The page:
Rayloc plans to lay off 260 at Hancock plant

January 16, 2008|By HEATHER KEELS

HANCOCK - Rayloc announced plans Tuesday to lay off 260 employees at its Hancock plant effective March 17, according to a letter distributed to employees.

The automotive part remanufacturing plant will cease production, retaining only a limited number of salaried personnel and about 25 employees for sorting, repacking and overstocking positions, according to the letter signed by Rayloc President Rick Borman.

News of the layoffs sent a sense of panic through the town of about 1,700, where Rayloc long has been the largest and strongest employer, Hancock Mayor Daniel A. Murphy said.

"This is such devastating news, I'm still kind of reeling from it," Murphy said Tuesday night after hearing about the layoffs.


The decision to end production at the plant was necessary for the company to remain competitive and profitable, Borman said in the letter.

Company officials could not be reached for comment Tuesday.

Rayloc was the 16th largest employer in Washington County, with 373 employees as of December 2006, according to a survey by the Hagerstown-Washington County Economic Development Commission.

The layoffs will affect two officials and managers, seven clerical and administrative employees, 16 supervisors and 235 production employees, the letter said.

A Rayloc manager contacted Hancock Police Chief T.J. Buskirk Tuesday just before 4 p.m. to let him know the company was bringing in extra security before making the announcement, Murphy said. Buskirk said the announcement and the end of the shift passed without incident.

The company will provide severance pay based on tenure to full-time employees who remain with the company until March 17, according to information distributed with the letter.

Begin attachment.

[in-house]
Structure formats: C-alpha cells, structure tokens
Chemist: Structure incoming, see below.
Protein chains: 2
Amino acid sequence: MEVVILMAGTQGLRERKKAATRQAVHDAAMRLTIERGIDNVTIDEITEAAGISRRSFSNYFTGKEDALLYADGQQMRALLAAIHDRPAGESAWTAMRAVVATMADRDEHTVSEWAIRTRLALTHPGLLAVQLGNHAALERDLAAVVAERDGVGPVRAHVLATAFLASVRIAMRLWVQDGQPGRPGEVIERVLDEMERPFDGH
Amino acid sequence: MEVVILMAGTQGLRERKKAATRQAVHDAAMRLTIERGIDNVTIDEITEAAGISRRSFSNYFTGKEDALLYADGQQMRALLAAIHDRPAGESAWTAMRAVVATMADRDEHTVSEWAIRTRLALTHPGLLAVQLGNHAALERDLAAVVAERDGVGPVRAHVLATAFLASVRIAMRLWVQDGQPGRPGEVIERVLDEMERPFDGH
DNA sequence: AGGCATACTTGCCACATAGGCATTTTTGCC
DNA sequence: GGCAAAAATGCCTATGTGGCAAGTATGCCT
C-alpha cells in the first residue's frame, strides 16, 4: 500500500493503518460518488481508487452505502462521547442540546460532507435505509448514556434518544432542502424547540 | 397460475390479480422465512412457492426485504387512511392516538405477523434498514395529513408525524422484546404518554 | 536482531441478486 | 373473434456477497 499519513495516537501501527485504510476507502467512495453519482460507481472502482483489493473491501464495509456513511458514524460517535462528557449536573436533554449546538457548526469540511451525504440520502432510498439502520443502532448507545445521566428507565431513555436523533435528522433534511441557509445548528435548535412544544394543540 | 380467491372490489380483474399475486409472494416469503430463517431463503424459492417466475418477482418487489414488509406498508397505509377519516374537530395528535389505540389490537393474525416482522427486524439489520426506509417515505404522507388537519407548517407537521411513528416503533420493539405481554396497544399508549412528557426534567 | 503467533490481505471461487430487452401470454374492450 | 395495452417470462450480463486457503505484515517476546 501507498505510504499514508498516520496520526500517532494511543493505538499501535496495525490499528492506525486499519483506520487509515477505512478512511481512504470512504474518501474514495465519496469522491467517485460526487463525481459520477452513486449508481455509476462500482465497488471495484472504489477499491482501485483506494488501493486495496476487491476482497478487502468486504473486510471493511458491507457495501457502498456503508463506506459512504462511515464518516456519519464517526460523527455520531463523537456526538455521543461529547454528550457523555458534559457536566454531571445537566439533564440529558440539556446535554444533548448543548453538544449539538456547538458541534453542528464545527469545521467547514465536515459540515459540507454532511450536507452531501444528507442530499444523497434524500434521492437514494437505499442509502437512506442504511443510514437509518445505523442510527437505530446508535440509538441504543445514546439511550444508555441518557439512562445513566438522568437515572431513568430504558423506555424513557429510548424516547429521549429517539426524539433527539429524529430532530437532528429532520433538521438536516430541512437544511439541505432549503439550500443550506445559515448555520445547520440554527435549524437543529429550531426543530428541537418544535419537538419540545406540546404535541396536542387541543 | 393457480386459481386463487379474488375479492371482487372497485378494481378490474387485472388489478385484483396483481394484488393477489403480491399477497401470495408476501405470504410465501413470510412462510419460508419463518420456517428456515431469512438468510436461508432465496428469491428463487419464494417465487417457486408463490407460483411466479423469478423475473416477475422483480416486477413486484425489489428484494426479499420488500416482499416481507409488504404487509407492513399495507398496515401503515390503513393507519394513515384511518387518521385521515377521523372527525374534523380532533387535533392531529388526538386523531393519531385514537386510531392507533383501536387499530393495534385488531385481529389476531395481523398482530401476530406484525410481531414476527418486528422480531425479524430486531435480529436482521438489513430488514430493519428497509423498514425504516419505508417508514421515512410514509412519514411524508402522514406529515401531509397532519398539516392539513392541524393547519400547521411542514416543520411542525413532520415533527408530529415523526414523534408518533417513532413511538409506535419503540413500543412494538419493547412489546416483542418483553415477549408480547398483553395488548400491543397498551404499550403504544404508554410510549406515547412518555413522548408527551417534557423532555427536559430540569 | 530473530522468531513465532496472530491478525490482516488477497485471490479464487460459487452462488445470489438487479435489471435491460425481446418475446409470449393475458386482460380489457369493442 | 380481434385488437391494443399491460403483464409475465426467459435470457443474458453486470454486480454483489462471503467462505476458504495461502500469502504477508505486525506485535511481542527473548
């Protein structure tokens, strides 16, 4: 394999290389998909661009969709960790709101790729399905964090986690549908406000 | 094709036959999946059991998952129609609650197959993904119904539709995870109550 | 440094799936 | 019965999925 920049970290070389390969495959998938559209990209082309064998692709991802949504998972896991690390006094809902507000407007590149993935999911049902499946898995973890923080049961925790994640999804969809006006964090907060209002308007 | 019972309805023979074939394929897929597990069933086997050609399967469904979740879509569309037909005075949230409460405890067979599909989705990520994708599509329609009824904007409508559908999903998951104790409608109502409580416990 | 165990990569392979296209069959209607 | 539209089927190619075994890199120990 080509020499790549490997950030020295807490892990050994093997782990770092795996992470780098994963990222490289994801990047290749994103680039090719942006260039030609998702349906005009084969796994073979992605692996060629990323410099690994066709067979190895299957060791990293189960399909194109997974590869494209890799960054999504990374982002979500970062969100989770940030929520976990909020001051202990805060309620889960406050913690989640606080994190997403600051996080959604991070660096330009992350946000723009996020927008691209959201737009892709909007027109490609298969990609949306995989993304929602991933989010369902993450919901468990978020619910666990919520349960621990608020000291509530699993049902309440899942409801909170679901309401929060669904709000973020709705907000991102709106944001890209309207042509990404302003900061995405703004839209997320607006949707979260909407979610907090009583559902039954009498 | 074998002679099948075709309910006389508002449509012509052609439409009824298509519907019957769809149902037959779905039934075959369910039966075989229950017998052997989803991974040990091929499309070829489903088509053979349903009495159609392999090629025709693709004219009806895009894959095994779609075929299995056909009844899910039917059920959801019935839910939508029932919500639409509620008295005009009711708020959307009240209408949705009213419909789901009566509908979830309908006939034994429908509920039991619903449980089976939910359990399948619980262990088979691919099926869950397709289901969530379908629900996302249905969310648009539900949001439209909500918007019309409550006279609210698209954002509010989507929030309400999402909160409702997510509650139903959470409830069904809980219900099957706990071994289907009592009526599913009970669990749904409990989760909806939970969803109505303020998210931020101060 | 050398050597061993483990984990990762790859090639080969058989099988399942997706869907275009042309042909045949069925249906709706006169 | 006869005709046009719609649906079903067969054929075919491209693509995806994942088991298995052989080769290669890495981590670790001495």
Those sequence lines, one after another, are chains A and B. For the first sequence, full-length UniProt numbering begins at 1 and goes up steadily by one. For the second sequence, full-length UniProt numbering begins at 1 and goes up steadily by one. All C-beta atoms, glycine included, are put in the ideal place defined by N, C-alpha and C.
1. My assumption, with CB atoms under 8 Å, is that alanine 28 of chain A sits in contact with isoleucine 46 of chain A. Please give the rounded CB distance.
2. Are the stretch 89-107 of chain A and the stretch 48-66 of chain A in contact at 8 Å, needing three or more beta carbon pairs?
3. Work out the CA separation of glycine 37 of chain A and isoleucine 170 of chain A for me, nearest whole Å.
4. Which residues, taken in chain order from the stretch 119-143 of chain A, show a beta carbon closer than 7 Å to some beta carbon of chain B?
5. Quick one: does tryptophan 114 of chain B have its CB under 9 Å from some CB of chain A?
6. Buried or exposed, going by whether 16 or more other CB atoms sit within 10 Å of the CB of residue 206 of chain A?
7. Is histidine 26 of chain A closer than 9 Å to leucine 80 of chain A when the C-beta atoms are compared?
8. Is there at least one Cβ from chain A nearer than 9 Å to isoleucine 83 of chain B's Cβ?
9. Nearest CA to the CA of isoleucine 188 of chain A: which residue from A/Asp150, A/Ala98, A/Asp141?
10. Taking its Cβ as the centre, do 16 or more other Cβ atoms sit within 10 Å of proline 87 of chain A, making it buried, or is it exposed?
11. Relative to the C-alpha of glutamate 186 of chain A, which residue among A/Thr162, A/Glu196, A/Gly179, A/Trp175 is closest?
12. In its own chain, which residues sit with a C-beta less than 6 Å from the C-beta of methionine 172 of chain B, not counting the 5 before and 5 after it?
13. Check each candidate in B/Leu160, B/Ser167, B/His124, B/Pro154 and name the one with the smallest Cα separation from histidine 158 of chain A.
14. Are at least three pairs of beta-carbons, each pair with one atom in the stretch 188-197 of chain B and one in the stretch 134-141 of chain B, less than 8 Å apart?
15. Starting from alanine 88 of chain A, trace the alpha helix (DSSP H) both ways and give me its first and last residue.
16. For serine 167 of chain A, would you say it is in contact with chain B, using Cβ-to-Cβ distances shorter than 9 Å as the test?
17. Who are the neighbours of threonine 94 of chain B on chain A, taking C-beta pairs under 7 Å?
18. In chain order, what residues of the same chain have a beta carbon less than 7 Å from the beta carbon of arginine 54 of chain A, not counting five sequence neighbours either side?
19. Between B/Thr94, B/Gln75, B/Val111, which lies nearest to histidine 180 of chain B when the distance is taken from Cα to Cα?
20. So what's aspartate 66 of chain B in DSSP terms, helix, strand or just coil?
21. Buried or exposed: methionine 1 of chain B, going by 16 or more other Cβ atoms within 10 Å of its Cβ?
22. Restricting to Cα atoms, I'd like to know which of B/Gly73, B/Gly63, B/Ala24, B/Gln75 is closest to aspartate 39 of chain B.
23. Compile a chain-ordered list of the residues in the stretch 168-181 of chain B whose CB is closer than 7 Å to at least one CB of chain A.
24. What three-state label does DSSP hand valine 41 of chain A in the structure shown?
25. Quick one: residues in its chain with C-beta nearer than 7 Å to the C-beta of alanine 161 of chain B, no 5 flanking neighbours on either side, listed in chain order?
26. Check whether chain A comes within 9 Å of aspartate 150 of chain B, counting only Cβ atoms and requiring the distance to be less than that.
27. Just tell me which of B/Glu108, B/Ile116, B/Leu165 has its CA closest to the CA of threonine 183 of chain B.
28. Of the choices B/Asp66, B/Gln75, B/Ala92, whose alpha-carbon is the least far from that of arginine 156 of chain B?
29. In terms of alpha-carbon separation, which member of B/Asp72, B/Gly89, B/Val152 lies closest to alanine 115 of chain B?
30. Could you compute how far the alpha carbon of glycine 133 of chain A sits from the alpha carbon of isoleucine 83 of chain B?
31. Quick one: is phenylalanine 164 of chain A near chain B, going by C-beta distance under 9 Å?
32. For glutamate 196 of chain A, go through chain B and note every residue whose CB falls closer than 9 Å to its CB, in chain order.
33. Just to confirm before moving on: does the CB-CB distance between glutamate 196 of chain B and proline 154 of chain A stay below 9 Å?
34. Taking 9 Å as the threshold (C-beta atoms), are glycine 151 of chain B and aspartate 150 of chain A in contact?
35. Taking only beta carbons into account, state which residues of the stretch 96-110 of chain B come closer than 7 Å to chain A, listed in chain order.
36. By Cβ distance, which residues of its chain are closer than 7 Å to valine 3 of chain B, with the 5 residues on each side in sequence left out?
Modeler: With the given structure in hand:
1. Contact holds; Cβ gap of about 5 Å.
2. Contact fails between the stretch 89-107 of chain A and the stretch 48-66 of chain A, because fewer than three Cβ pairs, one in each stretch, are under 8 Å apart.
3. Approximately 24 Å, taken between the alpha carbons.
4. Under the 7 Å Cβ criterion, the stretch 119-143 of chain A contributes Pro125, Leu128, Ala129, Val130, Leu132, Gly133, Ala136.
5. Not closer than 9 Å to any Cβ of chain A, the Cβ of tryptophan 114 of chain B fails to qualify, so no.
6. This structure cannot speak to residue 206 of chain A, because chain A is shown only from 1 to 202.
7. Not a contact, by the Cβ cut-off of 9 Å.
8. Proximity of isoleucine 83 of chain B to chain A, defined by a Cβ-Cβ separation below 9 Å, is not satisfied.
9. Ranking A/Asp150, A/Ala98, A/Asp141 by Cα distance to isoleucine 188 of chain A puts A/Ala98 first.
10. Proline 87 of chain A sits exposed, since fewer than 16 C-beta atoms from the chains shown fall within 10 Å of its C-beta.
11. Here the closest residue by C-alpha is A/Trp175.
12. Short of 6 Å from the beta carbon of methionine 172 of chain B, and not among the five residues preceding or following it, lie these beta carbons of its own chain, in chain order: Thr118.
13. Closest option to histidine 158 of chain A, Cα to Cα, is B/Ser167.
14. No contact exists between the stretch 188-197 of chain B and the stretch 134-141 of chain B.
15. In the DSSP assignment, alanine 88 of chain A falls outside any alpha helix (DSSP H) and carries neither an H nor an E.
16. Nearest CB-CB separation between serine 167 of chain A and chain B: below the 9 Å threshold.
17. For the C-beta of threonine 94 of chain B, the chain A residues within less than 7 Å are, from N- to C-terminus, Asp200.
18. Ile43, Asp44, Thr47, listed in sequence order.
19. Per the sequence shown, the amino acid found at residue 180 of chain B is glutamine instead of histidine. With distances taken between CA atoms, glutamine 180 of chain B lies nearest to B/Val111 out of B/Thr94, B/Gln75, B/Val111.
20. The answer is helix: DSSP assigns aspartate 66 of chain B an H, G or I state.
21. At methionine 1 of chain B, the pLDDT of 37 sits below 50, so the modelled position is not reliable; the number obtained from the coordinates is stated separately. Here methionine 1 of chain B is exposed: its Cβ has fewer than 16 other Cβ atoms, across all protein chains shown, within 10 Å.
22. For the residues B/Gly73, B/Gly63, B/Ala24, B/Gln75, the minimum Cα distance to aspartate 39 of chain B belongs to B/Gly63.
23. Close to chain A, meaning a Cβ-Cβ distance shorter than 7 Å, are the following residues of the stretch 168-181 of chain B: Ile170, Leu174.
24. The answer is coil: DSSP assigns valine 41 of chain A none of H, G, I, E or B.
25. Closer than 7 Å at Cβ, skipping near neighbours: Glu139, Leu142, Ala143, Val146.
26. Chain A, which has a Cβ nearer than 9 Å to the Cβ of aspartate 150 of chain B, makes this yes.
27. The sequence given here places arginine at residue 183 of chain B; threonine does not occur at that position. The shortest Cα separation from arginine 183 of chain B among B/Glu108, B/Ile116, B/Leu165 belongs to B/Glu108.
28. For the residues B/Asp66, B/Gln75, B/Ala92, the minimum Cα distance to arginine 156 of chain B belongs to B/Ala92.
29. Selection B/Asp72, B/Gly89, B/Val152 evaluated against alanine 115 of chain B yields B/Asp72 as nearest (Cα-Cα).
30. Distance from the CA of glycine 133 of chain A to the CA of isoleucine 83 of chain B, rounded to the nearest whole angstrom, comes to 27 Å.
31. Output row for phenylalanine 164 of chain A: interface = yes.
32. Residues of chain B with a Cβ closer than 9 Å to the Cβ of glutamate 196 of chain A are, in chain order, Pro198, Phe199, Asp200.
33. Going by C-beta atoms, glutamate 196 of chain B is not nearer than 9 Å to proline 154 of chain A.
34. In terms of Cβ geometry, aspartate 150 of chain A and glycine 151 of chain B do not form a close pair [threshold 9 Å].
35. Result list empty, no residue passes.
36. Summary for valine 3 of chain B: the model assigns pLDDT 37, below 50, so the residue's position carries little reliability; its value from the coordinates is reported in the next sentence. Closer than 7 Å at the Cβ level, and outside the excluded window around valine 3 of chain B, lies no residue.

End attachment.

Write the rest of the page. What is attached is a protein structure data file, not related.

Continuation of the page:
"This is going to trickle down to our entire community," Murphy said. "There are people in situations where they may have mortgages and not a lot of options in our community to go to. It's not like there's 300-something jobs sitting in Hancock waiting for people."

Rayloc will be the third major employer to leave Hancock in recent years. The town still is reeling from the 2005 closure of Fleetwood Travel Trailers, which lost the town almost 300 jobs, Murphy said. In 1994, the town lost more than 300 jobs when London Fog shut down its Hancock coat factory.

"This poor community has been hit so many times, this is just kind of a final blow," said Deborah Cohill, executive director of the Interfaith Service Coalition, a social service outreach organization that helped residents through the previous layoffs.

The town's food bank already was at an all-time low, but the organization plans to dig deep to help families hurt by the closure.

"We have folks now who are hardworking families that are going to have trouble paying their rent and their electric bills," Cohill said.

The town also will suffer from the loss of Rayloc's community involvement, including holiday donations for needy families and large contributions to the United Way, which helps fund the Interfaith Service Coalition, Murphy said.

Rayloc has been what allowed the town's volunteer fire company and rescue squad to exist through an arrangement that allows employees to leave work to volunteer, Murphy said.

"Without that, we'd be hard pressed to have the manpower to do it," he said.

As it did following the closure of Fleetwood, the Interfaith Service Coalition plans to offer rsum assistance and scour the Sunday papers for job opportunities to pass along to people who are out of work, Cohill said.

"Ultimately, with Fleetwood, many of those folks are able to look back now and reflect and say they've ended up better off because they've moved on to jobs that they wouldn't have even considered," she said. "But at the time you're going through it, it's just tragic."

Rayloc will be conducting individual meetings with all employees this week and will hold career fairs Feb. 7, 8, 21 and 22, according to information distributed to employees. The company will stop all rotating electrical production and caliper production March 15 and end other production capabilities March 17, the packet said.

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